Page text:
September 22nd, 2019 – 25th Sunday in Ordinary Time

September 22nd, 2019

25th Sunday in Ordinary Time

 “You cannot serve both God and mammon.”

 

The Baptistry (Part 1)

I’ve been blessed to be able to do a few baptisms lately, and so, with baptism on my mind, I thought it may be helpful to write up something to explain the significance of the Baptistry.

As its name suggests, the baptistry is the location where baptisms traditionally take place (here at IC, it is the small room located just off to the side of the church entrance, across the narthex from the church library).  “The baptistry or the area where the baptismal font is located should be reserved for the sacrament of baptism and should be worthy to serve as the place where Christians are reborn in water and the Holy Spirit” (Rite of Baptism).

The location of the baptistry is highly symbolic.  Traditionally, the baptistry is located in an area separated from the main part of the church—either in a separate room near the entrance of the church (as our baptistry is), or in a side chapel.  To understand the reason for this separation, we need to understand the effects of baptism.

The Catechism teaches: “Holy Baptism is the basis of the whole Christian life, the gateway to life in the Spirit, and the door which gives access to the other sacraments.  Through Baptism we are freed from sin and reborn as sons of God; we become members of Christ, are incorporated into the Church and made sharers in her mission” (CCC 1213).

As this explains, it is through baptism that we become members of Christ and his Church.  This is the reason that the baptistry is traditionally separated from the church, to show that until we are baptized, we are not yet inside the Church.  It is only through baptism that we are incorporated into the Church.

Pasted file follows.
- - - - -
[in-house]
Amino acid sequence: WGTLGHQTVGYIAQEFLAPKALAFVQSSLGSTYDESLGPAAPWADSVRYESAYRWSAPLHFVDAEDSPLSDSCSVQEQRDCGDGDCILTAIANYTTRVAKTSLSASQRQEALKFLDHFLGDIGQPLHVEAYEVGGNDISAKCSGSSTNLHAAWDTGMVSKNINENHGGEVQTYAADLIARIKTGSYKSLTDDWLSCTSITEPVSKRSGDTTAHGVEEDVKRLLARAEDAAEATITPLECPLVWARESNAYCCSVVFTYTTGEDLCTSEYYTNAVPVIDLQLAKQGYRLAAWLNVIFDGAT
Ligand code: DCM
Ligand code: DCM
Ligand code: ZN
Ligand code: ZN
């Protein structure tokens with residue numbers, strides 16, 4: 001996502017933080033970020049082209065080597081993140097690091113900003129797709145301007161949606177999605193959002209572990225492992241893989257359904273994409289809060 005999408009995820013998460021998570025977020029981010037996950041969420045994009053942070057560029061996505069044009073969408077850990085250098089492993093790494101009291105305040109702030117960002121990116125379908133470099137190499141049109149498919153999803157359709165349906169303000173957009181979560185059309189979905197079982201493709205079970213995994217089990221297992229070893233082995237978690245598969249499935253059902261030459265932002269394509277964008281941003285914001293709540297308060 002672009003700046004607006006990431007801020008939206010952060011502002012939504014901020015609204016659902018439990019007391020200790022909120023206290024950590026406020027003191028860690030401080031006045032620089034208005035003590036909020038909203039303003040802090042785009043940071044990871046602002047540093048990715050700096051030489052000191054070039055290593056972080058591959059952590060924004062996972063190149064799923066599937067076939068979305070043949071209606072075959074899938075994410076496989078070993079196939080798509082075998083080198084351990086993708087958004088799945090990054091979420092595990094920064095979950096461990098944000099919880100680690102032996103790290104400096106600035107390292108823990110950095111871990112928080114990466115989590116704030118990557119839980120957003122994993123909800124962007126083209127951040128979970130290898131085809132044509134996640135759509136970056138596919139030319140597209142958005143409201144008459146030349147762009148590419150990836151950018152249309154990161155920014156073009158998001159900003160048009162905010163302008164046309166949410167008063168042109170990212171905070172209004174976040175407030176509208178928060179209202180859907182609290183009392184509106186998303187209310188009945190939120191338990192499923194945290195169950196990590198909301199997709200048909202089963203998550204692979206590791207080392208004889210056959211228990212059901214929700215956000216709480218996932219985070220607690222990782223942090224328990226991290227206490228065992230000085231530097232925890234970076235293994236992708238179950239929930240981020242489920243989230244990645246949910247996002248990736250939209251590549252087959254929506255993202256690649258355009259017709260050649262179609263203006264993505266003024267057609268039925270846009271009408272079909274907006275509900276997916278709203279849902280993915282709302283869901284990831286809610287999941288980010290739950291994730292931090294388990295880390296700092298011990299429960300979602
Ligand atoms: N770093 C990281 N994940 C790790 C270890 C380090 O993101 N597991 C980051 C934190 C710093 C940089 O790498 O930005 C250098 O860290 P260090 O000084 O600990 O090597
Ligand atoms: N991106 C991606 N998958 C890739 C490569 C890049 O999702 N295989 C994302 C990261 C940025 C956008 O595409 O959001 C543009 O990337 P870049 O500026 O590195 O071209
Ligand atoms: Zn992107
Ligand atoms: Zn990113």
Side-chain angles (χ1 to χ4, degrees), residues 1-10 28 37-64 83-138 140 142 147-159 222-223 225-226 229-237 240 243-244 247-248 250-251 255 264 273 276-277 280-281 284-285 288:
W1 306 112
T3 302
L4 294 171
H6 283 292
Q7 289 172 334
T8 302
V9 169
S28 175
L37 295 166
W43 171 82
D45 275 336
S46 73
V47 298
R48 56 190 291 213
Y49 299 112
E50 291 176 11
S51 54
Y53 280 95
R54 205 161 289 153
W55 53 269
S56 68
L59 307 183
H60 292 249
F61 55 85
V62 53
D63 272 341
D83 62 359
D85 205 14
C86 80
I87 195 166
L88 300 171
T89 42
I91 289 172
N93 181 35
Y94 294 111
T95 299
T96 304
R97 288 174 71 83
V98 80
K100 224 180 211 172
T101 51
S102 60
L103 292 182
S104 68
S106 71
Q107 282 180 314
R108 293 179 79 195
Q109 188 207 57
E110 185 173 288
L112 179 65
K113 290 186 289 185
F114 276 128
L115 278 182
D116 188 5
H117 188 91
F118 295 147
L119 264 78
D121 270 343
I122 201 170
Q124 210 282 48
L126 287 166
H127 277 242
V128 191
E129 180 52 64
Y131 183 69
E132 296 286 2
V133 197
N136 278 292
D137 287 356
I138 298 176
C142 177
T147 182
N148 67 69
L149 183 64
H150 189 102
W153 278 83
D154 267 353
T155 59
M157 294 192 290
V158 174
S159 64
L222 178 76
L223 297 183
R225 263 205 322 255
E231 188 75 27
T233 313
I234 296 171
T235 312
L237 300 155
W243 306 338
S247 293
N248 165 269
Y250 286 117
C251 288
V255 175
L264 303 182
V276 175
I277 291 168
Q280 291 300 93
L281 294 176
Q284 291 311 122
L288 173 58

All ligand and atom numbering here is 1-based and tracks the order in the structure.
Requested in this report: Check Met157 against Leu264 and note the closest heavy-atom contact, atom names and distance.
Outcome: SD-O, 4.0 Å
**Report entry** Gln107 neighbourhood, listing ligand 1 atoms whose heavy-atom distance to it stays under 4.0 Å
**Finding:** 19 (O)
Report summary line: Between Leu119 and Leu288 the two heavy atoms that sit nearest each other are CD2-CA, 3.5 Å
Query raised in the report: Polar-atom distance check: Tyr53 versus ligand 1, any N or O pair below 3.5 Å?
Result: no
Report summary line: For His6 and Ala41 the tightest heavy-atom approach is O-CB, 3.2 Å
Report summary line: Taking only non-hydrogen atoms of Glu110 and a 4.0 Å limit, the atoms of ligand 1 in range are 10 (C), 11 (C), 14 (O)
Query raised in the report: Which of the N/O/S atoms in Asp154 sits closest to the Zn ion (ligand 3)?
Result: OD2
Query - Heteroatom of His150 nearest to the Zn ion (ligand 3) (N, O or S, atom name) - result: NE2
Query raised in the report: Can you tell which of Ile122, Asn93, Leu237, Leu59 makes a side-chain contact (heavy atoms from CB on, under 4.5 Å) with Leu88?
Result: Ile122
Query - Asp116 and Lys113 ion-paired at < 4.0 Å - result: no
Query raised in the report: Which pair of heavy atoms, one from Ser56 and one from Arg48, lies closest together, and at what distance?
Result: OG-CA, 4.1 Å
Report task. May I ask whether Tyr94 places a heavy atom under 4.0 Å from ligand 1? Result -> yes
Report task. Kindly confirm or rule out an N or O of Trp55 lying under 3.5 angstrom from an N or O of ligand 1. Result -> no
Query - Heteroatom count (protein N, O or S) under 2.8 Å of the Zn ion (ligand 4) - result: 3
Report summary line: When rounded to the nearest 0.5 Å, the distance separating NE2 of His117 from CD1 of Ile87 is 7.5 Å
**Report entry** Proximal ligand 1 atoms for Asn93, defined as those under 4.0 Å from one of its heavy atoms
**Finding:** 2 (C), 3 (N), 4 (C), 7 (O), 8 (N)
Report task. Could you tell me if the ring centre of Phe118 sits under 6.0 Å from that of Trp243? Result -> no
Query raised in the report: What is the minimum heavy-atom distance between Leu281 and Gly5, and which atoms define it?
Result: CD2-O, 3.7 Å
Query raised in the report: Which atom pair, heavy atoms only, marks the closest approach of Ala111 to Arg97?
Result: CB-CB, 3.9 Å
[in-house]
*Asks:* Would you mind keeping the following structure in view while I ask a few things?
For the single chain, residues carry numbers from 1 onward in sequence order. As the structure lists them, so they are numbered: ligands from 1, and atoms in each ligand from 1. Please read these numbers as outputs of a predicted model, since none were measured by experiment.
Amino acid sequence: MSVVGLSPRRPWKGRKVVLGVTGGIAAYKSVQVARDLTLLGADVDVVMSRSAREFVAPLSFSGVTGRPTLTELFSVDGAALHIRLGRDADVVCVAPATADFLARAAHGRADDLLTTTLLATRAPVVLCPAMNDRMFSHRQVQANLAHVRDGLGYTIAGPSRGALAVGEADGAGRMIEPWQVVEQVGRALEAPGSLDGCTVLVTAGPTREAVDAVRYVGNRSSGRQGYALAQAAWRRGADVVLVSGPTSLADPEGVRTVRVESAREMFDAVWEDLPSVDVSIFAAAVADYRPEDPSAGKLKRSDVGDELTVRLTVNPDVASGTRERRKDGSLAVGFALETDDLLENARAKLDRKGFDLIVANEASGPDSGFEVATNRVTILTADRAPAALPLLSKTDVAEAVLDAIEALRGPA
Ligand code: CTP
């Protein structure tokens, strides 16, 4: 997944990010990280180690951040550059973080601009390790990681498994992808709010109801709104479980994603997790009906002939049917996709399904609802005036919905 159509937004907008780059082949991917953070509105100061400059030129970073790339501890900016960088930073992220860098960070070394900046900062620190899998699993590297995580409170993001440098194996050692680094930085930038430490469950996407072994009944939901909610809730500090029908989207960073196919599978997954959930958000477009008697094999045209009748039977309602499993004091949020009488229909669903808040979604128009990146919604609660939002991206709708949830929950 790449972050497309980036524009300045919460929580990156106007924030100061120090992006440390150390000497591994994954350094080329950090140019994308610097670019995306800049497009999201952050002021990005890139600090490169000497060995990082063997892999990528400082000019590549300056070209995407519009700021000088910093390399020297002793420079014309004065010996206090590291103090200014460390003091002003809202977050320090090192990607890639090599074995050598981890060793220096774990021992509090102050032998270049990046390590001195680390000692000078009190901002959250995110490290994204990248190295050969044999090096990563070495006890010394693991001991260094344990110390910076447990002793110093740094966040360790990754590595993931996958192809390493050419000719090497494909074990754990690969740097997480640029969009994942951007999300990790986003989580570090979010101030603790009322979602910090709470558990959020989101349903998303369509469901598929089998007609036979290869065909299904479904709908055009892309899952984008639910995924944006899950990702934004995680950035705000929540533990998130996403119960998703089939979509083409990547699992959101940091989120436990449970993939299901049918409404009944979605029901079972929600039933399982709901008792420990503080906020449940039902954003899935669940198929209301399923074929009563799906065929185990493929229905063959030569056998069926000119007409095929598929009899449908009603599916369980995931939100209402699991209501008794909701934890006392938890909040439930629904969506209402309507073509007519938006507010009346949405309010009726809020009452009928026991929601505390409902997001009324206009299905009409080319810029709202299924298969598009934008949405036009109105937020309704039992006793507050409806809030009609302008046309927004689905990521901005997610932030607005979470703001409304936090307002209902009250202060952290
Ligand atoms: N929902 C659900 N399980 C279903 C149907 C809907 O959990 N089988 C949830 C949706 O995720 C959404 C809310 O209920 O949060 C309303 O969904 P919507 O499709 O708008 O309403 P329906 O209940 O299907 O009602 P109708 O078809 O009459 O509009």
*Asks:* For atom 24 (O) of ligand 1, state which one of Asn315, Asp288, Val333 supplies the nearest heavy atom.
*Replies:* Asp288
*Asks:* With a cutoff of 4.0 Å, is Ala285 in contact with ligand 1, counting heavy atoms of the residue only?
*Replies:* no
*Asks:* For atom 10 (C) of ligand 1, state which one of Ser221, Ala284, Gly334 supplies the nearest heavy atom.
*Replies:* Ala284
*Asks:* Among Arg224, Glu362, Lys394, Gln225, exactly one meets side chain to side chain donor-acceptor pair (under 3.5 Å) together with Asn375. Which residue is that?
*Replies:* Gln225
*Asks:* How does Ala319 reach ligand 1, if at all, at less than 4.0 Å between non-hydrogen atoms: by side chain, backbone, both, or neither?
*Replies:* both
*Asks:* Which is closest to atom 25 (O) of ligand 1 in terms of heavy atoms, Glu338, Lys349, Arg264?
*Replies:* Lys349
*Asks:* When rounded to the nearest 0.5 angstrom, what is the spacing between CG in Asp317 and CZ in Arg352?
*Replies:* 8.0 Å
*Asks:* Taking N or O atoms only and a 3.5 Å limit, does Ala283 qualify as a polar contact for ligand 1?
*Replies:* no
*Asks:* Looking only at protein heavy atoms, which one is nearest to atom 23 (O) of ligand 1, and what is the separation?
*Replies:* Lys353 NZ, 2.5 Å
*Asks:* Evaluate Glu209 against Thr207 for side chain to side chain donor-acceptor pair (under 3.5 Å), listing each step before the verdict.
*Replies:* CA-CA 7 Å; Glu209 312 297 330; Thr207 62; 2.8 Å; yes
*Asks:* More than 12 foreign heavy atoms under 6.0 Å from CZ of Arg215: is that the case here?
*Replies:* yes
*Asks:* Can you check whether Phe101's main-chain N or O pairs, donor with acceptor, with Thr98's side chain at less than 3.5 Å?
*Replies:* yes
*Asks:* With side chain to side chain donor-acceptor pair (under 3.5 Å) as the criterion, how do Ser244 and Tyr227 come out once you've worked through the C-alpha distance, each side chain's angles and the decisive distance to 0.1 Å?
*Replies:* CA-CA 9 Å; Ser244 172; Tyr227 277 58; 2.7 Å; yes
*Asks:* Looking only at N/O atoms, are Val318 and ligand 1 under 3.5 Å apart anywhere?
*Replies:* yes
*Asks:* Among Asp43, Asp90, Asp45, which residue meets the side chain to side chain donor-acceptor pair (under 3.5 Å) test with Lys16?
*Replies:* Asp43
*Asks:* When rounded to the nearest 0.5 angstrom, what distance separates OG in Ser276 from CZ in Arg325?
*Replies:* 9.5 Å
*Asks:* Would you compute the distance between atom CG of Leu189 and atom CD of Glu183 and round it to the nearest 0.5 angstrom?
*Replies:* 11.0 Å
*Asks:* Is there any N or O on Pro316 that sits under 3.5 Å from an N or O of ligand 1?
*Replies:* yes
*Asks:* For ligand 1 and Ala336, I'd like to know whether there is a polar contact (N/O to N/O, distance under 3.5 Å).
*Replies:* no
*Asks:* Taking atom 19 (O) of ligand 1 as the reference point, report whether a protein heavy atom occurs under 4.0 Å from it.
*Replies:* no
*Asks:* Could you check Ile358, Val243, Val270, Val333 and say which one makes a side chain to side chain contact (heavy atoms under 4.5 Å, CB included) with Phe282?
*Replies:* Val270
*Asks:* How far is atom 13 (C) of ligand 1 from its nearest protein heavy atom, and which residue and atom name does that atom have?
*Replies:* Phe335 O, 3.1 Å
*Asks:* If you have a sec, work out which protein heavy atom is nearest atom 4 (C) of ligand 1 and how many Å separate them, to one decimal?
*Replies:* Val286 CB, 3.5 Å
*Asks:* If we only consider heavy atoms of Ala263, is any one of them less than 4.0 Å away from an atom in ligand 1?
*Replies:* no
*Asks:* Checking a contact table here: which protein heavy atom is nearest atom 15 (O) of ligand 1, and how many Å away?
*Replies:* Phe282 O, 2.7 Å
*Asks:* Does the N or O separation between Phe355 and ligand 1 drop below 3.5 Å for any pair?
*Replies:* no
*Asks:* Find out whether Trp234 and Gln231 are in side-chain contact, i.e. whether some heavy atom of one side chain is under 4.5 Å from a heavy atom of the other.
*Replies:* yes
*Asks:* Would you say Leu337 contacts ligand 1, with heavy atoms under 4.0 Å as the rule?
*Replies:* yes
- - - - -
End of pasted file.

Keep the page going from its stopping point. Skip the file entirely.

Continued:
This symbolism continues to unfold as the Rite of Baptism continues.  The Rite instructs that after the individual has been baptized, he or she goes in procession from the baptismal font and into the church to stand before the altar, where they have the privilege of calling upon God for the first time as Our Father.

This is very beautiful symbolism, showing that it is through baptism that we are incorporated into the Church and adopted as a son or daughter of God.  Thus, we have the privilege of calling upon God as our own Father together with the Christian community.

The baptistry door is also traditionally kept locked.  This too is symbolic.  In the book of Genesis, as a result of Adam and Eve’s sin, they were expelled from paradise, and an angel was stationed at the entrance of the Garden to prevent anyone from entering in the future.  However, Jesus came to open the way to heaven for us once again.

As Jesus says: “I am the way and the truth and the life. No one comes to the Father except through me” (John 14:6), and “I am the gate for the sheep…Whoever enters through me will be saved” (John 10:7-9), and “no one can enter the kingdom of God without being born of water and Spirit” (John 3:5).  He then commanded his disciples to go forth and baptize all nations.

In other words, Jesus indicates that it is only through him that we have access to heaven, and this access is given to us through the sacrament of baptism.  Furthermore, Christ has entrusted the sacraments to his Church.  Thus, the door at the entrance to the baptistry is symbolic of the fact that the Church has been entrusted with opening the gates to eternal life for us.  Of course, anyone who asks to enter through baptism is welcomed.  Nevertheless, these gates are a symbolic reminder to us that it is through Jesus Christ and his Church, not through our own merits, that we enter the gates of heaven.  We come to Christ through his Church requesting entrance into heaven, and the Church gladly opens the gates of paradise for us.

To be continued…

You are in my daily prayers.

God bless you,

Fr. VanDenBroeke

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